In libraries the designer needs to allow for two main tasks; finding the correct book and reading or study. In addition, there are a number of other considerations such as lighting for using computers and accent lighting for display purposes. Lighting in each case calls for a different approach.
Physically finding a book requires vertical illuminance on the spine of the book therefore good vertical illumination just above floor level is required. Many libraries have a reading and study area, often equipped with computers, so the lighting in these areas must be appropriate to the task. Consideration should be given to the age of the users, particularly libraries open to the wider adult community to ensure the illumination level is adequate.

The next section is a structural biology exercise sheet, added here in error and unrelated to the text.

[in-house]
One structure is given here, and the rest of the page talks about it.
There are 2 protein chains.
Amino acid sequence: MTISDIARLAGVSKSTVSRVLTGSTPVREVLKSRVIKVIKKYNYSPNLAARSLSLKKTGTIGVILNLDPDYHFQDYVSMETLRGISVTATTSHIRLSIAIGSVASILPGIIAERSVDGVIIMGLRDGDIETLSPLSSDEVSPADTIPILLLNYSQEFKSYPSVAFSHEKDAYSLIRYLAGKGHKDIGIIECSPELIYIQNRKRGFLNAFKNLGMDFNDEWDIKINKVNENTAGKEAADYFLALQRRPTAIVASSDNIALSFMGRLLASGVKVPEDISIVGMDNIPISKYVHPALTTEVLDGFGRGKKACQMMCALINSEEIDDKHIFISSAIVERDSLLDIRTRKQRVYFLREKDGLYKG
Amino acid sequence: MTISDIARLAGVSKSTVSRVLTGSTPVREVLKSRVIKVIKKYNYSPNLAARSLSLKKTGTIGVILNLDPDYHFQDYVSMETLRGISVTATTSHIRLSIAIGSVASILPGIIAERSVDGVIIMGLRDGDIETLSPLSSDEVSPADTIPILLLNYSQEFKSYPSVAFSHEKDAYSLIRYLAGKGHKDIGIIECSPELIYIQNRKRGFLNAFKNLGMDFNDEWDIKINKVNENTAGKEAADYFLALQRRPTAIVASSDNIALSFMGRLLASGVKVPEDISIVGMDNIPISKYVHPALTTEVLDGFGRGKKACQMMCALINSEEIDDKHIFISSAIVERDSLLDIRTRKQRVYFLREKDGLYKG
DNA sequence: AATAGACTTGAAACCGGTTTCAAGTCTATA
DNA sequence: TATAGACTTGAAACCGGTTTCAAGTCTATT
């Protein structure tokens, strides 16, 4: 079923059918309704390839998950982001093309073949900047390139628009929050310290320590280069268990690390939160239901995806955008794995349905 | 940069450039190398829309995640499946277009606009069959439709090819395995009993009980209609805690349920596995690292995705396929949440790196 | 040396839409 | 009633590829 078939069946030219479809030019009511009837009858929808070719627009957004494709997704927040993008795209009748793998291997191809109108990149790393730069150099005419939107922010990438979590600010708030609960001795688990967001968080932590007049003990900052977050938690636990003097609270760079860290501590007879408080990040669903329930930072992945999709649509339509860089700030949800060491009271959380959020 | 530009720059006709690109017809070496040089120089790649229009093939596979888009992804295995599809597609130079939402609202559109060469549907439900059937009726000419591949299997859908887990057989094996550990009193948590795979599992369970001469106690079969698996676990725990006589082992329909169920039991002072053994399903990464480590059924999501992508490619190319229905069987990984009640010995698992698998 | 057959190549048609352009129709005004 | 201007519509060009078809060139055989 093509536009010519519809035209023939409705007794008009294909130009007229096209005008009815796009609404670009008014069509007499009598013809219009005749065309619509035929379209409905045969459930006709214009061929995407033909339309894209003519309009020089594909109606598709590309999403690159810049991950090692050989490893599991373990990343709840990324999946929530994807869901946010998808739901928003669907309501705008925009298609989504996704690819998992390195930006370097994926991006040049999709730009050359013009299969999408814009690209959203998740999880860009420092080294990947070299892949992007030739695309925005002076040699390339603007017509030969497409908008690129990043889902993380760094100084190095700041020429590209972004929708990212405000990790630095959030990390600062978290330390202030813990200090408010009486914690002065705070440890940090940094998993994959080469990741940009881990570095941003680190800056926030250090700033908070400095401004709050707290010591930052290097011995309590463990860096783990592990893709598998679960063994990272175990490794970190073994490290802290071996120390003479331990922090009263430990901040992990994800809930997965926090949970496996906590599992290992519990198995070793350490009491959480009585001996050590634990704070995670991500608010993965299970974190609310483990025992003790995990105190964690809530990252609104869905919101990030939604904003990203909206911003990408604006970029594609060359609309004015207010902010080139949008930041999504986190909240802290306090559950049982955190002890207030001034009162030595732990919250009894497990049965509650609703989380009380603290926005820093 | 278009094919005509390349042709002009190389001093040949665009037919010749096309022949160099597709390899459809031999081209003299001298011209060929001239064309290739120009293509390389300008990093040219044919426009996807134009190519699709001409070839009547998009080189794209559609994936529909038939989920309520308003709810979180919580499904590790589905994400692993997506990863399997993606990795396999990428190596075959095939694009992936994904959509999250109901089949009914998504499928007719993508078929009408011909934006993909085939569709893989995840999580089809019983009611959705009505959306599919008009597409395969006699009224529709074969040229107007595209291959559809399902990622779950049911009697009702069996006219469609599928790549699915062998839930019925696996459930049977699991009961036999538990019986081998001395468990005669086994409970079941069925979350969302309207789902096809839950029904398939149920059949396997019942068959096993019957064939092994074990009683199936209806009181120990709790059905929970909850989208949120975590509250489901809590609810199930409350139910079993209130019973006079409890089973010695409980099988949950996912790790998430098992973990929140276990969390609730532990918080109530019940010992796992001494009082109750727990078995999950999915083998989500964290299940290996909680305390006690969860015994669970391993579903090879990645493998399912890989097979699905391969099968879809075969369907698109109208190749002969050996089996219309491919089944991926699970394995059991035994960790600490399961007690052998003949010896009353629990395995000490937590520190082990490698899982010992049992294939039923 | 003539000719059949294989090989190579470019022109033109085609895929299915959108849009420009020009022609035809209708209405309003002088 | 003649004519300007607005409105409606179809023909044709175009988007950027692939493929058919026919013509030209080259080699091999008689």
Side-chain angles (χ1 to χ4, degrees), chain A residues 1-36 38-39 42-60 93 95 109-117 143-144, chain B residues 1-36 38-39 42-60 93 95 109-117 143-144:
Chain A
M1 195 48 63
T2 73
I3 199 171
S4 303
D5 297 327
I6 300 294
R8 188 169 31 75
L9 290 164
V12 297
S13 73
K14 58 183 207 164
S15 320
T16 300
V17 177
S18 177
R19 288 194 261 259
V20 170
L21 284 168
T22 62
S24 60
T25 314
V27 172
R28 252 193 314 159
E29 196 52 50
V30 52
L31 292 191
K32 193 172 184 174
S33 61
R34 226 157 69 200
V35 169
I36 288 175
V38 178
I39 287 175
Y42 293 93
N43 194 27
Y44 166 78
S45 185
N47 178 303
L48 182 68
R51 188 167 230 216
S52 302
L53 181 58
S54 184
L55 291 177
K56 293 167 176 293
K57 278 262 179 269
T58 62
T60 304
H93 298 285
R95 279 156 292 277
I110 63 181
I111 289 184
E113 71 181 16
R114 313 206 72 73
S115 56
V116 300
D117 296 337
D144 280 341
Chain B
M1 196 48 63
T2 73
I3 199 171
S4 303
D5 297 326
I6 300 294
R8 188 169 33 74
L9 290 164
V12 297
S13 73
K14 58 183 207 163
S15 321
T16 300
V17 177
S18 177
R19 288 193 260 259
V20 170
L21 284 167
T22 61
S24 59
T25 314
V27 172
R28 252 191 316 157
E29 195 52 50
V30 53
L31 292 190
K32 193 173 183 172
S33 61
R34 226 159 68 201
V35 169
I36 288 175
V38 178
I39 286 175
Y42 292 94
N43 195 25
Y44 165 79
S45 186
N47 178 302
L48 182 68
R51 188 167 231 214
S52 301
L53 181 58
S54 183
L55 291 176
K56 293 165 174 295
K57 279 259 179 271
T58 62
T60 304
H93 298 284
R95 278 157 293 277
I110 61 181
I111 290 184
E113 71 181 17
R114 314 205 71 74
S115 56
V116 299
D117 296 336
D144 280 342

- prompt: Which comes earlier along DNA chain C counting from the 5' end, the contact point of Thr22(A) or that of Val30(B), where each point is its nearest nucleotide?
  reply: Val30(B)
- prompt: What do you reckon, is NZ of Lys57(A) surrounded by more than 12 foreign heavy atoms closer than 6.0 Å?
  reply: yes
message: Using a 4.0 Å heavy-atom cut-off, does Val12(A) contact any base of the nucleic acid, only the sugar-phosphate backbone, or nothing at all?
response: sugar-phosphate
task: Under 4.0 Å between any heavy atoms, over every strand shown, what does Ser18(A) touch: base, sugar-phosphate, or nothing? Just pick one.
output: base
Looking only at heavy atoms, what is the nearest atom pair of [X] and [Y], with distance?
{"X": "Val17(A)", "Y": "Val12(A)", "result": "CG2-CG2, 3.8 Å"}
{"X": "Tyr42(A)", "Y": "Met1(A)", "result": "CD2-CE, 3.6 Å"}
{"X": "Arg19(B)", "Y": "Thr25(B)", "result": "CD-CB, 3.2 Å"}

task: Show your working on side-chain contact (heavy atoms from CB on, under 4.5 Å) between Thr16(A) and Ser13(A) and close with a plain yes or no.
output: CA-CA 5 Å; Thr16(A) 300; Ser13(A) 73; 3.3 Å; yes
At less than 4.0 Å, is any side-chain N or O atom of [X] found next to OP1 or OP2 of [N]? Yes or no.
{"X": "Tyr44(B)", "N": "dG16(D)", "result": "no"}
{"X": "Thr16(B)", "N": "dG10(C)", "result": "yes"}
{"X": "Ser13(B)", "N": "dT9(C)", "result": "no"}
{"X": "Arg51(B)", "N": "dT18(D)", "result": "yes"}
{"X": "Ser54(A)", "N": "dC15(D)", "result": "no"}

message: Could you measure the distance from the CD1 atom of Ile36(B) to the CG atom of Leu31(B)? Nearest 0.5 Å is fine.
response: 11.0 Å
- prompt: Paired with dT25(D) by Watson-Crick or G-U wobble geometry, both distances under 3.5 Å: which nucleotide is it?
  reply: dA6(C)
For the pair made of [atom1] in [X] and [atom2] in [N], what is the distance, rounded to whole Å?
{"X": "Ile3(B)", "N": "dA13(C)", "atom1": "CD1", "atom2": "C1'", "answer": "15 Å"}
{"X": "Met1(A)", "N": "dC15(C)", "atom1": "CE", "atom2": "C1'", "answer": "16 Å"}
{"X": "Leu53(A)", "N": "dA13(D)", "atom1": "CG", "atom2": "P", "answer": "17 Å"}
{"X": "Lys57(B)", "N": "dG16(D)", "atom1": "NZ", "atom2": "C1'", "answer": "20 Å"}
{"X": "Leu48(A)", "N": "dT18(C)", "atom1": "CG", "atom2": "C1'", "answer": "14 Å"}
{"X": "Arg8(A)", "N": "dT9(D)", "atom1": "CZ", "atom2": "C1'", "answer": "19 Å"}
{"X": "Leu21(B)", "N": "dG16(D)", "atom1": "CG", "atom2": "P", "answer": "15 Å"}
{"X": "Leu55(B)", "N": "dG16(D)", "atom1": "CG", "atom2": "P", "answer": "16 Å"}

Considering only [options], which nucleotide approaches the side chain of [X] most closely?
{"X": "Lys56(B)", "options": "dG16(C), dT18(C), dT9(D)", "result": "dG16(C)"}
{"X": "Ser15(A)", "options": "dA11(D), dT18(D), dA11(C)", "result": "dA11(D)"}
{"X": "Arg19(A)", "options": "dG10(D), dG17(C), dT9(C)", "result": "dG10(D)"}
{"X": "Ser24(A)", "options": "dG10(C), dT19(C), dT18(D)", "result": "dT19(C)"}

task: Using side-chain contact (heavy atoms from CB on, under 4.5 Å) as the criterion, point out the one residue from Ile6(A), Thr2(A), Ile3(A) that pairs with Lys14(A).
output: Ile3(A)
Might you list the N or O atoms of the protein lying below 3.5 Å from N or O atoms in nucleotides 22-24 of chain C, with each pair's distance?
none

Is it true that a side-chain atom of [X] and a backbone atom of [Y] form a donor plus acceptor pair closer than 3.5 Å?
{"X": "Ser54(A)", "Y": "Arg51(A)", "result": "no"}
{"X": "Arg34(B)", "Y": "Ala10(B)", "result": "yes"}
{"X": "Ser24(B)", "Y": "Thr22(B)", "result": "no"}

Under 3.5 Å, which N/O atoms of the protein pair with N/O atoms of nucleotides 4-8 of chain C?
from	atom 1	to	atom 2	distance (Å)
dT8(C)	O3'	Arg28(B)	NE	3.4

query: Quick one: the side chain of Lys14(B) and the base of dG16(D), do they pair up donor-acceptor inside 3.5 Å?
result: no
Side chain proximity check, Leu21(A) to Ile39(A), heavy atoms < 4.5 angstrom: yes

Choice of Luminaire
Suspended luminaires are often used in shelving areas because the continuous line of light helps eliminate shadowing.
%spanOpenThorlux Light Line Integra AcousticspanClose% helps reduce ambient noise, and provides good vertical illumination.
Extract from CIBSE: SLL Lighting Guide 5 - Lighting for Education 2011
|Application||Maintained Horizontal Illuminance (lux)||UGRL||U0||Ra|
|Library bookshelves||200 lux vertical on the book spines||19||0.6||80|
|Library study areas||500||19||0.6||80|
In shelving aisles, the user has to be able to read the spine of the book, so good vertical illumination is needed, and SLL Lighting Guide 5 recommends 200 lux vertical illumination on the bottom shelf. As the user could create a shadow from a luminaire behind and above them, lighting from more than one source should be used.
Study areas should be lit to 300 lux horizontal illumination on the desk areas, although this may be raised to 500 lux depending upon the age of the regular users.